Despite the wet weather, these drivers still managed to put their pedal to the medal. The Subaru Levorg’s new-for-2019 wet tyres were built for these kinds of conditions. The Ford Focus RS didn’t do as well in the half-hour session as it was guided into the gravel, resulting in the first of three red flags.

We’re looking forward to the next BTCC event at Donnington Park on the 27th of April. Will you be there? And what are your predictions? Let us know on Facebook and Twitter.


Ferrari of Spirit of Race wins Pro-Am class

Ferrari of Spirit of Race wins Pro-Am class

The Ferrari 488 GT3 of Spirit of Race, crewed by Paul Dalla Lana, Mathias Lauda and Pedro Lamy won the Pro-Am class in the 2019 edition of the Bathurst 12 Hours, the first round of the SRO International GT Challenge championship.

Extreme race. The value of Ferrari’s victory in the hard-fought professional and gentlemen drivers’ class is all the greater given the extreme weather conditions. Starting at dawn in Australia, the race quickly turned into a marathon for men and vehicles, with very few neutralisations (over 100 laps and seven hours with no Safety Car) and very high temperatures of up 43 degrees centigrade. Paul Dalla Lana, Mathias Lauda and Pedro Lamy put in a flawless performance, making up 24 positions on the qualifying session to finish in ninth place. The advantage of almost two laps over their nearest pursuers, Hazelwood-Lago-Russell in the Audi of Matt Stone Racing’s, also says a lot about the quality of the performance of the Spirit of Race team.

HubAuto Corsa. On the other side, the HubAuto Corsa crew of Nick Foster, Tim Slade and Nick Percat in the other Ferrari, had a trickier race right from the off. The 488 GT3 no. 27 was in fact involved in an accident with a slower car before the two-hour mark. The time taken to recover and repair the car knocked the HubAuto Corsa crew out of the running. After restarting they eventually they crossed the line in 18th. The overall victory went to the Porsche of Earl Bamber Motorsport with Werner-Olsen-Campbell.


Media team wins class and finishes 33rd overall In Wales

F1 pundit Tony Jardine has set a new record by finishing his 24th ever UK round of the FIA World Rally Championship (WRC)*, winning his class and placing 33rd overall.

Making a successful one-off return to rallying over the weekend (4–7 October), Tom Cary — sports correspondent for The Telegraph — was co-driving for Jardine at Wales Rally GB after eight years since last participating in a WRC round, with limited refresher training ahead of the event due to arriving in Wales straight from the Ryder Cup.

Jardine and Cary won national class 4 of the Wales Rally GB WRC event following a challenging few days which included motion sickness in the car for Cary on Friday’s treacherous stages in wet conditions, namely Slate Mountain, and two punctured tyres during the longest and most gruelling day of the rally on Saturday.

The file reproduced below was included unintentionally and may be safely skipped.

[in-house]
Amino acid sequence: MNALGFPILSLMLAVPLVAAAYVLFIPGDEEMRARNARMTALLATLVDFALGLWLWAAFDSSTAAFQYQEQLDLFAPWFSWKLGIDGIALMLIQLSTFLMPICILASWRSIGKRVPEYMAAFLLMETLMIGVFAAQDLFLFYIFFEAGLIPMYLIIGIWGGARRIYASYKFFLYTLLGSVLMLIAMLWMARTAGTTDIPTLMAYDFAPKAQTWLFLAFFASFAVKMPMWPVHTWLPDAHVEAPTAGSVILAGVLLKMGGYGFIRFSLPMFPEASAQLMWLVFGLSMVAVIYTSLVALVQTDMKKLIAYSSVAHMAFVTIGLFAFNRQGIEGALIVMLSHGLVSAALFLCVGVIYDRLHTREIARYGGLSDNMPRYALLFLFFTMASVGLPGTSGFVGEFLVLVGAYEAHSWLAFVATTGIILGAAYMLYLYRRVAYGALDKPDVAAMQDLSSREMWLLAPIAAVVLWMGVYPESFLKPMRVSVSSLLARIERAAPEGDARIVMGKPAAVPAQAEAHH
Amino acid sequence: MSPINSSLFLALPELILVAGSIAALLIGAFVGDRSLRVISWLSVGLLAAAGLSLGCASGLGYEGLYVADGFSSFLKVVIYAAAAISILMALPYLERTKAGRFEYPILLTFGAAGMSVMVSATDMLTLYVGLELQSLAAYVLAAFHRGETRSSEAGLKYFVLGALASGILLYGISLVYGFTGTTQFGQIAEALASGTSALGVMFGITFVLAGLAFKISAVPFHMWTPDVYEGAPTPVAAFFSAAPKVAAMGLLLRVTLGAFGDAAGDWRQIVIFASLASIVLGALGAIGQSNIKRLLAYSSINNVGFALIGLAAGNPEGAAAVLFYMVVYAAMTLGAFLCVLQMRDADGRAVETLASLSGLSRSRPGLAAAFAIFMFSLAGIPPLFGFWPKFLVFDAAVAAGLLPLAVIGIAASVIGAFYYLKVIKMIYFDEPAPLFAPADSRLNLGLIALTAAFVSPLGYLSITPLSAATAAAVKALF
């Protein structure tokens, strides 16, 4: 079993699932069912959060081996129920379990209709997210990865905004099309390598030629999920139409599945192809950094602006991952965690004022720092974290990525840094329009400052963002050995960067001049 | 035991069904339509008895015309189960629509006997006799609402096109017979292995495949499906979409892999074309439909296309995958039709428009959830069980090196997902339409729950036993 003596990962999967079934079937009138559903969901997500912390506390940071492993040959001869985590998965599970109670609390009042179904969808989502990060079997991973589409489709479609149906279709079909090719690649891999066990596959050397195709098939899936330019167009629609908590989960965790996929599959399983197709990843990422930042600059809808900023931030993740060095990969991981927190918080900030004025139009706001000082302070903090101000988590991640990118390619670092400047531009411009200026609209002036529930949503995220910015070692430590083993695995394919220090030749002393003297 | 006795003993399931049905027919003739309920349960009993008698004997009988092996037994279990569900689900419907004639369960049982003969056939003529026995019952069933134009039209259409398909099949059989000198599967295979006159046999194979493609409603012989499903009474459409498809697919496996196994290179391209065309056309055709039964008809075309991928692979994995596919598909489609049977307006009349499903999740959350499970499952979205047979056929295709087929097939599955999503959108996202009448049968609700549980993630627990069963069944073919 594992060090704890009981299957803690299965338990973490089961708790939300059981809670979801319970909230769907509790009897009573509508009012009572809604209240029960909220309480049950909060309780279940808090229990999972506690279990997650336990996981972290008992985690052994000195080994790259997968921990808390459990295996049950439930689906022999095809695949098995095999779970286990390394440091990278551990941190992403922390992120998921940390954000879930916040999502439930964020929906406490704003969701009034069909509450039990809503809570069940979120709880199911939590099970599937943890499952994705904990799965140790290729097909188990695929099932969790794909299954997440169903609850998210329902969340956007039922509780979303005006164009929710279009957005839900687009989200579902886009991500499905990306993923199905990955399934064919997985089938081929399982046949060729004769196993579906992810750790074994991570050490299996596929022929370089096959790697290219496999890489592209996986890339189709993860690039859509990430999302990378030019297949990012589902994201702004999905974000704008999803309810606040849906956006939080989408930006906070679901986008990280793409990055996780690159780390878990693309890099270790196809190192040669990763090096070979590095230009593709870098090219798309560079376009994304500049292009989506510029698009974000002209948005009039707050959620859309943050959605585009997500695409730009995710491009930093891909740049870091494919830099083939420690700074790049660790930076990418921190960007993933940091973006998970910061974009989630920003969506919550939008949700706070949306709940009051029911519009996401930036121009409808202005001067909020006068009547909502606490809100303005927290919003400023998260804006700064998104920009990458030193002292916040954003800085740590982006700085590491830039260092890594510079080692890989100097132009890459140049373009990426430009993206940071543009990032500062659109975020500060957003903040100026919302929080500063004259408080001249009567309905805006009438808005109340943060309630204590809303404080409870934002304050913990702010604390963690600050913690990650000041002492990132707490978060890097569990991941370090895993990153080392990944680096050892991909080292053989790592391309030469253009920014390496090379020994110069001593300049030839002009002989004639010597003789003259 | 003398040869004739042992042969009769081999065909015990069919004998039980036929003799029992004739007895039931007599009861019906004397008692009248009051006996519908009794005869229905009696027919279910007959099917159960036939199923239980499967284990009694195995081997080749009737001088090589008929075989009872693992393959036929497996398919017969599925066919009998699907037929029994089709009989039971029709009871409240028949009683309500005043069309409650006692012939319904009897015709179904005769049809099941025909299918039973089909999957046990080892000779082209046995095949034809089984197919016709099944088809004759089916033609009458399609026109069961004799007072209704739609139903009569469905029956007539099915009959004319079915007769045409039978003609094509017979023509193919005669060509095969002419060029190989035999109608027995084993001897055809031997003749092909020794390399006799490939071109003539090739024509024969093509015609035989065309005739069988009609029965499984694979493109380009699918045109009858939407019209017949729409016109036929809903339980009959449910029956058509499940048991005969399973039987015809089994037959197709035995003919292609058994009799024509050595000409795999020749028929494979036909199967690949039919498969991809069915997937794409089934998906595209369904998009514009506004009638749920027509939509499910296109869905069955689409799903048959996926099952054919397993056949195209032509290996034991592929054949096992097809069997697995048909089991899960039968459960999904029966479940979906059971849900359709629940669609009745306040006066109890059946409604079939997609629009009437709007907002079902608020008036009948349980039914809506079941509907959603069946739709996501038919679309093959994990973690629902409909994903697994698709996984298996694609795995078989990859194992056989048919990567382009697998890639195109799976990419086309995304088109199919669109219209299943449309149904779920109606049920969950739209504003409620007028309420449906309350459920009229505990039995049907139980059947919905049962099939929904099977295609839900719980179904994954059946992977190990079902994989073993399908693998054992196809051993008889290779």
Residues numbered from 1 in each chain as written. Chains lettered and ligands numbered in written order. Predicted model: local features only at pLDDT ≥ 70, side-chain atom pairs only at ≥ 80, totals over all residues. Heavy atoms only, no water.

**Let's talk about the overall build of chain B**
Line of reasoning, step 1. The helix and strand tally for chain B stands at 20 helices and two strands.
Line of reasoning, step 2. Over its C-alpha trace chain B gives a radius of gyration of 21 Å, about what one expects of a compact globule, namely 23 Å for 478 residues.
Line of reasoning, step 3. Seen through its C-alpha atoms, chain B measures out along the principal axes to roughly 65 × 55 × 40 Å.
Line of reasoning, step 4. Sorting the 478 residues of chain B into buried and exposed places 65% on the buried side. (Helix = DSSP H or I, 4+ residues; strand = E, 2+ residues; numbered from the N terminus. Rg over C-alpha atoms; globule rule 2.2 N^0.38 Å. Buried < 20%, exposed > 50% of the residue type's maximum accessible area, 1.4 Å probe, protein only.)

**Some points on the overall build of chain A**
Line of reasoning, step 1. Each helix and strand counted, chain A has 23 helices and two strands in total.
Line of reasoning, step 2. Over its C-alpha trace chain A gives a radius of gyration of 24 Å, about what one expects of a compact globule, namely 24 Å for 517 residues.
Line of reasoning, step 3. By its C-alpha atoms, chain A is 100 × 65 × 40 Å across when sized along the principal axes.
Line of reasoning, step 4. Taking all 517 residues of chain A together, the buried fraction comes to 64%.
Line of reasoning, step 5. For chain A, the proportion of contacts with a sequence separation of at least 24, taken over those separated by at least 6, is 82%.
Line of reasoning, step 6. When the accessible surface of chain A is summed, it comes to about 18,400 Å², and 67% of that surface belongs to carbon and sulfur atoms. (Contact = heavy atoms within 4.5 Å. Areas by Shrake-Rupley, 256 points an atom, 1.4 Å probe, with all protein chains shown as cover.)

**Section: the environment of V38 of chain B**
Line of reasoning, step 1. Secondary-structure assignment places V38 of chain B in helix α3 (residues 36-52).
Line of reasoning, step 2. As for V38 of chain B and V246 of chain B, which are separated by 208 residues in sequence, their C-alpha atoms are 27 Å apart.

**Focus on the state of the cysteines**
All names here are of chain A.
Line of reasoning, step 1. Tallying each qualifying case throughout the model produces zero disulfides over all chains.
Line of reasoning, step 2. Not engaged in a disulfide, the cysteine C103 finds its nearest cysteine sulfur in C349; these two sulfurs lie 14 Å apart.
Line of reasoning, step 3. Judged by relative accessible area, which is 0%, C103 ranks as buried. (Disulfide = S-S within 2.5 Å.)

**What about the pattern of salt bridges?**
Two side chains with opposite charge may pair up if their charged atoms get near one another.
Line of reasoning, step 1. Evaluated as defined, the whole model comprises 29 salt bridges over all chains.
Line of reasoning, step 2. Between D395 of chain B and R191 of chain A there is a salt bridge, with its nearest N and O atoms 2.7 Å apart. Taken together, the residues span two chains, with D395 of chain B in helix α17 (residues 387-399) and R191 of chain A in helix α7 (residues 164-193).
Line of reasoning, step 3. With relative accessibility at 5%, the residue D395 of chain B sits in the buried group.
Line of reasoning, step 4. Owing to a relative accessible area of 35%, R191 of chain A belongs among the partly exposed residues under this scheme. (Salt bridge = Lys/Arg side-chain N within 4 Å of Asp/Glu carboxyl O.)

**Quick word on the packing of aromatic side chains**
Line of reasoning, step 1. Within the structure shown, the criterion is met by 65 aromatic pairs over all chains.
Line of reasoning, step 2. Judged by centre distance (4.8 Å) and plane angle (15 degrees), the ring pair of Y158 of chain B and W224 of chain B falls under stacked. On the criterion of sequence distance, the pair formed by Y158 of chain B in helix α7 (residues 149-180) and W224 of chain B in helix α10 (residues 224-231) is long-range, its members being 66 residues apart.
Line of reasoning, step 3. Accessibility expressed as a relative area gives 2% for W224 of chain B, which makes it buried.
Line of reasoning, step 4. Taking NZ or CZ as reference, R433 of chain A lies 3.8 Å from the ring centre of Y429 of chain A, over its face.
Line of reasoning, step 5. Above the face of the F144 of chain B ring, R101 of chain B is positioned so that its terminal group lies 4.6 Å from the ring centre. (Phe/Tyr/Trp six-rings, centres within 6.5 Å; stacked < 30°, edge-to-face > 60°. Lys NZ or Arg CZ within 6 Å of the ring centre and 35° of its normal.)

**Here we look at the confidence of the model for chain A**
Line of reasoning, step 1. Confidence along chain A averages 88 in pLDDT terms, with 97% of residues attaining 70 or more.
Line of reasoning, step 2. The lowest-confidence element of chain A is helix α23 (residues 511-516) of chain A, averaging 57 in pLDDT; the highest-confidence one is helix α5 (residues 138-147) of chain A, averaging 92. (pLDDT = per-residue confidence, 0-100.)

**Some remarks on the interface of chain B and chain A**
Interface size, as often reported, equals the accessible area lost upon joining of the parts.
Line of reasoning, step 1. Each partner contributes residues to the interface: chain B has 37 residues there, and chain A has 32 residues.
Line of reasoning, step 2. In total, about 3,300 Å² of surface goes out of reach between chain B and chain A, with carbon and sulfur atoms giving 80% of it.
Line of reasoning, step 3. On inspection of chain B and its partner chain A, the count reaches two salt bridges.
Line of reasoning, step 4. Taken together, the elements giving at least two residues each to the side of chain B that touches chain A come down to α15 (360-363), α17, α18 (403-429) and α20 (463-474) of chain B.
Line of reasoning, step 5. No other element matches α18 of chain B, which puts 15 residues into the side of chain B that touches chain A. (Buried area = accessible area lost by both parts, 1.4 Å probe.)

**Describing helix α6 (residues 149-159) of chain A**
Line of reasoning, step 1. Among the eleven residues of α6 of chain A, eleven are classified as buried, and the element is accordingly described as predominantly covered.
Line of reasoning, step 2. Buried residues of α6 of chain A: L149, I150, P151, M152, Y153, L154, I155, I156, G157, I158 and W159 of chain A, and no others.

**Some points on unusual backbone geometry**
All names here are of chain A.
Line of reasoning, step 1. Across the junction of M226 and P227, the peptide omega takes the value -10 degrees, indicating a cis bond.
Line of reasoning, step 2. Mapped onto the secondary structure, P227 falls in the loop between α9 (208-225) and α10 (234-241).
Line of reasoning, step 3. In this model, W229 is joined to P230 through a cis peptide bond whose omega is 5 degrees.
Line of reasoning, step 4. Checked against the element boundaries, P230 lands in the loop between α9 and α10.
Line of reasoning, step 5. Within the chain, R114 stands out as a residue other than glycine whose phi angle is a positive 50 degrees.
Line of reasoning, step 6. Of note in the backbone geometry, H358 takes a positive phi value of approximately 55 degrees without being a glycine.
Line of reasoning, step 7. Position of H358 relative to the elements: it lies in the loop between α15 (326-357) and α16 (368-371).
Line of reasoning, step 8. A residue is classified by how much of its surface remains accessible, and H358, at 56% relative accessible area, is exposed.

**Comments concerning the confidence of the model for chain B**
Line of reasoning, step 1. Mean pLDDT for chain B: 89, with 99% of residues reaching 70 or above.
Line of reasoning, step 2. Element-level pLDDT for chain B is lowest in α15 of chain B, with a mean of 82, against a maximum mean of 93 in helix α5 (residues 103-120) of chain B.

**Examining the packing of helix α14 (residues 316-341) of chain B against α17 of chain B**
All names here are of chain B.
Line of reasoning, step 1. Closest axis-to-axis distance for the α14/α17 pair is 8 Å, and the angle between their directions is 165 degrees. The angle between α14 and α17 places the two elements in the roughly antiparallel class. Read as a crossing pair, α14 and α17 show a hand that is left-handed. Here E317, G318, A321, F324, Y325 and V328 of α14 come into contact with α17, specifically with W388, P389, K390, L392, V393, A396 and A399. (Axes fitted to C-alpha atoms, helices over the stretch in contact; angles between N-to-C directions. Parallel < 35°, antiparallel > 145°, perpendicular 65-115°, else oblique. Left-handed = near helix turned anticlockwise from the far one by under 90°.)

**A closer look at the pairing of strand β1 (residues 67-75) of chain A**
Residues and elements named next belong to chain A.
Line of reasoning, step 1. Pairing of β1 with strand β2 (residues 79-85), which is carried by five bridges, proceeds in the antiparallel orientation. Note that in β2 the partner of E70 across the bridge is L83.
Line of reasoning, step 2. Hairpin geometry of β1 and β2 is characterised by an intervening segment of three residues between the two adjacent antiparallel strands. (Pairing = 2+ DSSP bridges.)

The GT Sport Telegraph Team navigated the Welsh forests in a Group N Mitsubishi Evo 9 GT which was previously driven by Matt Edwards, the newly crowned champion of the 2018 MSA British Rally Championship.

Cary said, “We had such a good start to the last leg of the rally, keeping our pace up and thoroughly enjoying the stages. We were really pumped and looking forward to the final stage when it was cancelled, which was a real shame and a bit of an anti-climax. It has, however, been an incredible four days for us in Wales competing on a world-class event, I’m so glad we were able to really give it everything we had during the final morning on the stages in and around Llandudno.”
Jardine commented, “Considering all the trials and tribulations we have had, it’s fantastic to finish first in class. From being very sick in the car on Friday, Tom came back to full form and his note calling on the final day was immaculate. I really can’t praise him enough especially as he was thrown back in at the deep end on a WRC event with such little time to prepare.”

M-Sport Ford’s Sebastien Ogier took victory at Wales Rally GB, 10.6 seconds ahead of Toyota’s Jari-Matti Latvala, making it now an even fiercer championship battle at the top of the WRC driver standings.


Abbie Eaton confident of Super2 seat

Brit Abbie Eaton says her chances of securing a seat on the 2019 Dunlop Super2 Series grid are ‘looking pretty good’, having tested two Supercars in eight days. Eaton drove a Matt Stone Racing Ford at Queensland Raceway today, following her maiden Supercars laps in a Walkinshaw Holden at Winton last Tuesday. The 26-year-old, who starred as the test driver on the second season of British program The Grand Tour, has set her sights on a Supercars career. MSR and WAU have both expressed a desire to run Eaton next season, provided that funding can be found.